The story is written with good humour that kids will enjoy, and a plot that will keep them guessing. The characters are engaging and likeable — even the cats, who harbour less-than-honourable intentions!

One aspect of this book that I really appreciated is the Australian element that appears in both the settings and the storyline. In a world full of books set in America or major world cities, it’s very refreshing to find a kids’ book set in one of my favorite regional Australian cities. This is great for Australian kids, but should also add interest for readers from other countries in which Australia is a source of interest and fascination.

Waking The Dragon is Book 10 in theAstro’s Adventures series by Susan Day.  This book – in fact, this series of books – would make a great addition to any school or local library, and would be a wonderful choice for both individual and family reading at home.

Find ‘Waking The Dragon’ on Amazon.

Absence of Colour: Spectrum of Colour Book 1 by Susan Wee

‘Absence of Colour’ is an engaging and intriguing tale of escaping the past and searching for identity and justice.

‘Absence of Colour’ is an engaging and intriguing tale of escaping the past and searching for identity and justice.

 
Susan Wee 1 Absence of Colour

The band of characters in this book are quite well developed, and the reader is drawn into a strong feeling of empathy with Conny, Frankie and Twig in particular. The villain is well-drawn and distinctly odious: there are times when  his actions do make the reader uncomfortable and quite angry. This sets the action of the story in motion: each of the main characters and a number of the minor characters must work together to achieve justice and to reclaim that which has been taken from them.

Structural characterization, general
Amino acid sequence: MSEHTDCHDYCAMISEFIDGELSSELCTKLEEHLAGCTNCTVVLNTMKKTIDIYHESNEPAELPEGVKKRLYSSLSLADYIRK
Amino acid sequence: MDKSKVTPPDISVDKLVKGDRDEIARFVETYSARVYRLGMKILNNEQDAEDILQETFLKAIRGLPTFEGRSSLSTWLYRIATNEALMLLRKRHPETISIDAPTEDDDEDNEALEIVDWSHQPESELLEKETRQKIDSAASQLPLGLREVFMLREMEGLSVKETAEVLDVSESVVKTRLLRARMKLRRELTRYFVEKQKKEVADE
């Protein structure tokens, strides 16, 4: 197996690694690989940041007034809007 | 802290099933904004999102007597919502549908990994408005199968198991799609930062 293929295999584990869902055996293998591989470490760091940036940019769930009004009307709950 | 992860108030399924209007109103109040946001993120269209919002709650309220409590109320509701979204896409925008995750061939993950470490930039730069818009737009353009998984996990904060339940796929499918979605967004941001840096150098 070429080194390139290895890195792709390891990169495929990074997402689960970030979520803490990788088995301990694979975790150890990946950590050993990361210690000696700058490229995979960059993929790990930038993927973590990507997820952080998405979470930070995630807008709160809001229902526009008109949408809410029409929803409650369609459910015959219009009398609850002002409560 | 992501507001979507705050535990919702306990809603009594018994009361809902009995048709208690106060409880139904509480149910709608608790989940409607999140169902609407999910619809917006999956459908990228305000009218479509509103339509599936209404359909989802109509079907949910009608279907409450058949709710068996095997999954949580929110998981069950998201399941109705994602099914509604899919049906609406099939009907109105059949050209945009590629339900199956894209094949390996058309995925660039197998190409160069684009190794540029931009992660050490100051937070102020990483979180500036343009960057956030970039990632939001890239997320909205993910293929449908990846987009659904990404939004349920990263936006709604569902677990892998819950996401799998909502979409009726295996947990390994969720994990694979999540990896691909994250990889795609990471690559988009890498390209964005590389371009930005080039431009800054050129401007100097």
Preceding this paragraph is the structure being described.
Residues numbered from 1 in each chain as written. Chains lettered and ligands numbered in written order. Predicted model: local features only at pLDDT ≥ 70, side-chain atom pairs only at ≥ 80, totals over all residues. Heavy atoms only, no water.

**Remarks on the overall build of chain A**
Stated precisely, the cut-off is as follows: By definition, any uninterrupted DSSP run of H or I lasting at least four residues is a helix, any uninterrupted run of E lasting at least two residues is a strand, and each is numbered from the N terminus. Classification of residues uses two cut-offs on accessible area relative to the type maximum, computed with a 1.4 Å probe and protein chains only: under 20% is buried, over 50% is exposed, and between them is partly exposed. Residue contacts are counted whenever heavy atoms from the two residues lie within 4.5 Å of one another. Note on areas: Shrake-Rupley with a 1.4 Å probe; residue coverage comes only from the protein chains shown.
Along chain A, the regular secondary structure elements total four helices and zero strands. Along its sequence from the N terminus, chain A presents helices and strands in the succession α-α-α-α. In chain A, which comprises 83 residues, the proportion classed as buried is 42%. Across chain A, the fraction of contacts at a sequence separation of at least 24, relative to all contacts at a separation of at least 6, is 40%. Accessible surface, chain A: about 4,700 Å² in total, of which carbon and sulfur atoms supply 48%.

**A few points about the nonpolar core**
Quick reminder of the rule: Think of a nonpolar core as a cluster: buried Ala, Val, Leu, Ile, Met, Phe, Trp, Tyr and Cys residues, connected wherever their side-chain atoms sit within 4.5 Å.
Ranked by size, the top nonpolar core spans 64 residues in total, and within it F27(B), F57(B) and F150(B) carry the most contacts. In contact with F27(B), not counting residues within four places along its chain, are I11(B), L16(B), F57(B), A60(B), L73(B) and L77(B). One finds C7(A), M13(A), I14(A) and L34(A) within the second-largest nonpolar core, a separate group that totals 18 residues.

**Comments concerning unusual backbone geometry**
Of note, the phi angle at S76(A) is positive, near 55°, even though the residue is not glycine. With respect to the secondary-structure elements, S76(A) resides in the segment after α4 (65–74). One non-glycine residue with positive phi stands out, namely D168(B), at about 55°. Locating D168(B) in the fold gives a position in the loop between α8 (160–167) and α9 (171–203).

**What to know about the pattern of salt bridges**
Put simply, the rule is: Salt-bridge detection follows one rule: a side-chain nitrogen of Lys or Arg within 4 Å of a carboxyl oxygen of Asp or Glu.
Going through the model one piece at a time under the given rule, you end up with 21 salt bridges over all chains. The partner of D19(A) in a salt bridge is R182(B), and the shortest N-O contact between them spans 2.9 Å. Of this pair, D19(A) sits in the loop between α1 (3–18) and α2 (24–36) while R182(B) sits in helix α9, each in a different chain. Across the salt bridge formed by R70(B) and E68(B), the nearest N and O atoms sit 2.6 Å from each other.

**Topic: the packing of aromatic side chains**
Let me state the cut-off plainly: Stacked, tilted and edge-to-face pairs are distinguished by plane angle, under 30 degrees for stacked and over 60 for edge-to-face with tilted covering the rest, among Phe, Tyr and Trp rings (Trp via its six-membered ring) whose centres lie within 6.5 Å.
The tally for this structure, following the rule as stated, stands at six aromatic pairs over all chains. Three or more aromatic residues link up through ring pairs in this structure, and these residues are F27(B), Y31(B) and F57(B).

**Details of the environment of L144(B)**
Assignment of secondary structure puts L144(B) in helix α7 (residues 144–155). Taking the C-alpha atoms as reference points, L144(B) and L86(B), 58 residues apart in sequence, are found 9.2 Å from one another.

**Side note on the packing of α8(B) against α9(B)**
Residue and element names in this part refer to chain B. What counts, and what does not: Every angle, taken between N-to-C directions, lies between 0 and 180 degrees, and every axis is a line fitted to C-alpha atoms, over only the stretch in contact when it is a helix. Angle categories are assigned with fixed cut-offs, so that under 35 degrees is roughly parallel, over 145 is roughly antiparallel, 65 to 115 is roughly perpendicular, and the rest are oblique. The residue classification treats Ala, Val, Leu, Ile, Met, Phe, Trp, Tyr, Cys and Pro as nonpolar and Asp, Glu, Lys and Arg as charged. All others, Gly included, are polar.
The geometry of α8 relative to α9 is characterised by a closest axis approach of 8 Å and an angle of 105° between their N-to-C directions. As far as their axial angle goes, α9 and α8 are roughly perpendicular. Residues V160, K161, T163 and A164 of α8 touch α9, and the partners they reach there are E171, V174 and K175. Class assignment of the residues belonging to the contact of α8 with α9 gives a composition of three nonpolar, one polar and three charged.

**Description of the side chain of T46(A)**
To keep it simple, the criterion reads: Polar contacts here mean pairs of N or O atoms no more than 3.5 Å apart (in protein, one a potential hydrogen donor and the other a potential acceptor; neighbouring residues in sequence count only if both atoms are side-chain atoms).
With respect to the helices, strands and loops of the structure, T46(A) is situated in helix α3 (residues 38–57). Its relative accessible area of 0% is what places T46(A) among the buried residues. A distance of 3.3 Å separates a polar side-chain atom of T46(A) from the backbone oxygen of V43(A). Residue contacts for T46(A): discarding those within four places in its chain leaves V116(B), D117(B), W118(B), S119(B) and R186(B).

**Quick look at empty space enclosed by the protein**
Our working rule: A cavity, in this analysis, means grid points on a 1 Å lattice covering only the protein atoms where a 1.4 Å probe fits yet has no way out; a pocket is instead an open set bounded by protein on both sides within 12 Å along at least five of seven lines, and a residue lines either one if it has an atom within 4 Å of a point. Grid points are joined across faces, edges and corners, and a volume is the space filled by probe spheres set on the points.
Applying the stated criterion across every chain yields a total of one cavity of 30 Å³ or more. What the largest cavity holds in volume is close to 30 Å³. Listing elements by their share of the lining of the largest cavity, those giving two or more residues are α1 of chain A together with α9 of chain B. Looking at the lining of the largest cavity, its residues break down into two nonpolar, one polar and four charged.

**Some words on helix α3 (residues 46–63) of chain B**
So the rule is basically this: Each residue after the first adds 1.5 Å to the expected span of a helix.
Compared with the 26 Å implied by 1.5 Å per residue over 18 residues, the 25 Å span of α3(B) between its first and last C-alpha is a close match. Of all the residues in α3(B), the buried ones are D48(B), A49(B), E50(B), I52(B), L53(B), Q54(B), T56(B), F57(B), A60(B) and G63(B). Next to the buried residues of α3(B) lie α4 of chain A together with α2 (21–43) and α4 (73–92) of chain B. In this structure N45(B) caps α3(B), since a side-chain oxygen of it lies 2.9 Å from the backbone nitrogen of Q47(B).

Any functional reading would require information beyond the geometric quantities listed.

The book brings some resolution to the conflicts faced by Twig and Conny, along with a sense of relief in the immediate circumstances, but the reader is also very aware that there are still questions and problems that remain unsolved. In this way, the reader is strongly motivated to read the second book in the series – ‘The Colour of Evil’.  The title itself is both enticing and ominous, leaving the reader intrigued and eager to know more.

I’ve given this book a good solid 4 stars.

You can find Absence of Colour Book 1, and the rest of the series, on Susan Wee’s Amazon page.

Book Review: ‘Call of Sunteri’ by Missy Sheldrake.

Missy Sheldrake’s wonderful magic continues in this second book of the Keepers of the Wellsprings series.

Missy Sheldrake’s wonderful magic continues in this second book of the Keepers of the Wellsprings series.

‘Call of Sunteri’ has multiple narrators whose stories and perspectives blend seamlessly to tell the tale of the Sunteri fae and their struggle to survive, alongside the continued story of Azaeli Hammerfel and her companions as they seek truth and justice in the face of the powers of evil.
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So vivid and compelling is the storytelling that the reader is fully engaged in the action as it unfolds, with a strong sensation of being confronted with questions about personal integrity and the nature of truth alongside the characters. There are some absolute heart-in-your-throat moments, and some that fill the reader with dread.

The ability to conjure such powerful effects on the reader is a true sign of masterful writing.

‘Call of Sunteri’ delivers action, magic and quest by the bucketload in this book. I can’t wait to finish reading the whole magnificent series.

Book Review: ‘Fallen Into Bad Compay’ by Kayla Jindrich

5 stars, yo ho ho and a bottle of rum for this rollicking pirate story.

What a ripping yarn! I thoroughly enjoyed this tale of the man who fell into bad company. It’s a story that explores the contrasts between guilt and innocence, and between conscience and volition in a world populated by pirates, privateers, and settlers in the New World.
The characters were well developed, especially the main character, Matthew Blackwell. The author does an excellent job of evoking sympathy for Matthew, William and Stephan, and of crafting the hardhearted world in which they live.

5 stars, yo ho ho and a bottle of rum for this rollicking pirate story.